The human body is a very sophisticated and complex organism – your kidneys and your sense of ‘thirst’ very cleverly manage to maintain the correct balance for your body’s needs.
This is why it is so important to recognise when you are feeling thirsty. In most healthy people an overwhelming sensations of thirst ensures that dehydration does not occur.
However, the control mechanisms in the brain that signal thirst lessen with age so often the elderly become easily dehydrated.
Some of the early symptoms of dehydration:
- loss of apetite
- muscle cramps
Lack of hydration is sometimes an occupational hazard.
The distractions of a stressful or heavy work-load are often to blame for inadequate water consumption.
It is easy to override the sensation of thirst or worst still ignore it.
The colour of your urine is one of the easiest ways to determine if your body needs water.
If you are well hydrated your urine should be clear to pale yellow in colour. Keep this in mind next time you visit the toilet!
According to studies our bodies can moderate the metabolism to conserve energy; some people have been known to survive as long as 20-40 days without food.
However without water our days are numbered! 2-5 days is all you can hope for, so indeed it is essential.
Water plays many vital roles in our daily lives.
- It is the main source of energy because it transports the nutrients that our cells need to generate energy and provides the environment that the cells need in order to produce it.
- It is the main solvent for all vitamins and minerals and allows for absorption of all the essential substances in food.
- It is the main lubricant, not just in joint spaces preventing arthritis and back pain but also in maintaining skin moisture.
- It helps to keep blood flowing- reducing clotting and the risk for strokes and heart attacks.
- It clears waste throughout the body carrying it to the liver and kidneys for excretion.
- It keeps the eyes moist and shiny.
Water and the brain
Water occupies 85% of the brain and is as important as oxygen for maintaining optimal brain function.
It facilitates the transport of all messages in the brain, which means keeping hydrated helps to aid concentration and keeps you feeling bright and alert. Giving the brain adequate supplies of water is also thought to help prevent headaches and migraines.
Does drinking water really help you think though? Common folklore suggests it does, but there is also research evidence that supports this idea.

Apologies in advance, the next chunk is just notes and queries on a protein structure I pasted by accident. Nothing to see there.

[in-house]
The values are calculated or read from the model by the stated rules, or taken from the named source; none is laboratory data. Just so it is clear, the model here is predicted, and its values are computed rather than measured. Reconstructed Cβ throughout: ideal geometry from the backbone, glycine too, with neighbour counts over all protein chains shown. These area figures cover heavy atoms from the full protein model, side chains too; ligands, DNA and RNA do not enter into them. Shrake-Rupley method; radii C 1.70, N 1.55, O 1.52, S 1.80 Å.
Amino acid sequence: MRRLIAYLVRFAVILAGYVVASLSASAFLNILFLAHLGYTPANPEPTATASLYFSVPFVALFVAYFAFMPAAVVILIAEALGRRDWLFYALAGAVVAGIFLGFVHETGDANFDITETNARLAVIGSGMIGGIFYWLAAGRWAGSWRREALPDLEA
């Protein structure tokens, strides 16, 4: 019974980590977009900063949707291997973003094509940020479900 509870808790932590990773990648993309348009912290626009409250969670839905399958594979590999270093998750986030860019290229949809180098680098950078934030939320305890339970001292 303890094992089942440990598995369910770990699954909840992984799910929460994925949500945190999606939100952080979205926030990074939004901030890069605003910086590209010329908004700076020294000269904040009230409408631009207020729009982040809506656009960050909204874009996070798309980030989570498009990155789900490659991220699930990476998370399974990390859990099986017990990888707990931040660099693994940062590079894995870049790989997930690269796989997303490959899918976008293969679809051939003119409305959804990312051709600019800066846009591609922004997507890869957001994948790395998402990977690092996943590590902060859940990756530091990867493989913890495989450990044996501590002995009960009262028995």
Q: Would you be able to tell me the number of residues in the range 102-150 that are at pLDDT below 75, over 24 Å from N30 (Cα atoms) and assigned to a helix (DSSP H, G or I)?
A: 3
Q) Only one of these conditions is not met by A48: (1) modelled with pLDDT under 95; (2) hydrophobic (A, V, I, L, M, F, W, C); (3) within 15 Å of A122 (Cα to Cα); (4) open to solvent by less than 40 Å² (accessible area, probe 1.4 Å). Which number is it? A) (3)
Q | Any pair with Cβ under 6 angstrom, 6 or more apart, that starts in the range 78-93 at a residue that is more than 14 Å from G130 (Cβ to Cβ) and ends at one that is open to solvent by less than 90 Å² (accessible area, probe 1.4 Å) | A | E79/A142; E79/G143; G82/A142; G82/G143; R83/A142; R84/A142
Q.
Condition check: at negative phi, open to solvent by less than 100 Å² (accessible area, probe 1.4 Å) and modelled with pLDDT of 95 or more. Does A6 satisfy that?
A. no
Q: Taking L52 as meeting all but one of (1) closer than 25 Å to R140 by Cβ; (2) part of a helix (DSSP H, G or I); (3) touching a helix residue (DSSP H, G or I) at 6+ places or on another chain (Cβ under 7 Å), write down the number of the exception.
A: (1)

A small study carried out in 2013 confirmed that drinking water when you feel thirsty really does boost your brain’s reaction time – so drink up!
The magical qualities of water
Quite apart from the vital functions that water performs in our body, there is a belief that water holds memories.
According to Dr. Masaru Emoto who has published a book on the subject, water not only has a memory but also changes its quality according to the information it takes in.
Whilst in the United States Dr Emoto was introduced to the concept of micro-cluster water and Magnetic Resonance Analysis technology, and this prompted his fascination with the mysterious qualities of water. He began to research water extensively around the planet and soon realized that water in its frozen crystal form shows its true nature.
His experiments involved labelling bottles of water with positive and negative words. i.e. ‘thank you’ on one and ‘fool’ on another, then he froze the water and photographed the crystals that emerged.
What he found was quite remarkable.
The bottles of water labelled with positive words produced beautiful crystal formations whilst those labelled with negative words formed broken or fragmented crystals.
He replicated this experiment many times in different languages and found that the results consistently showed the same differences in crystal formation.
Through his ground-breaking research Dr Emoto has discovered that water is deeply connected to our individual and collective consciousness.
He has introduced the novel idea that water not only reflects the physical world surrounding it but that it also mirrors the consciousness of the beings that surround it.
Most would agree that the use of positive, compassionate words comfort and heal and that negative words and insults cause harm.
Prior to his research we could only feel this but now through the crystallised forms of frozen water it is possible to see it.
If water is so clearly affected by the information it takes in, it follows that we as humans (being around 70% water) are similarly affected and should subject ourselves to as much positive information as we can to reap the benefits to our health.
Dr. Emoto is the author of several bestselling books, including The Hidden Messages in Water, The True Power of Water, The Secret Life of Water, and a three-volume photo collection of beautiful water crystals and commentary.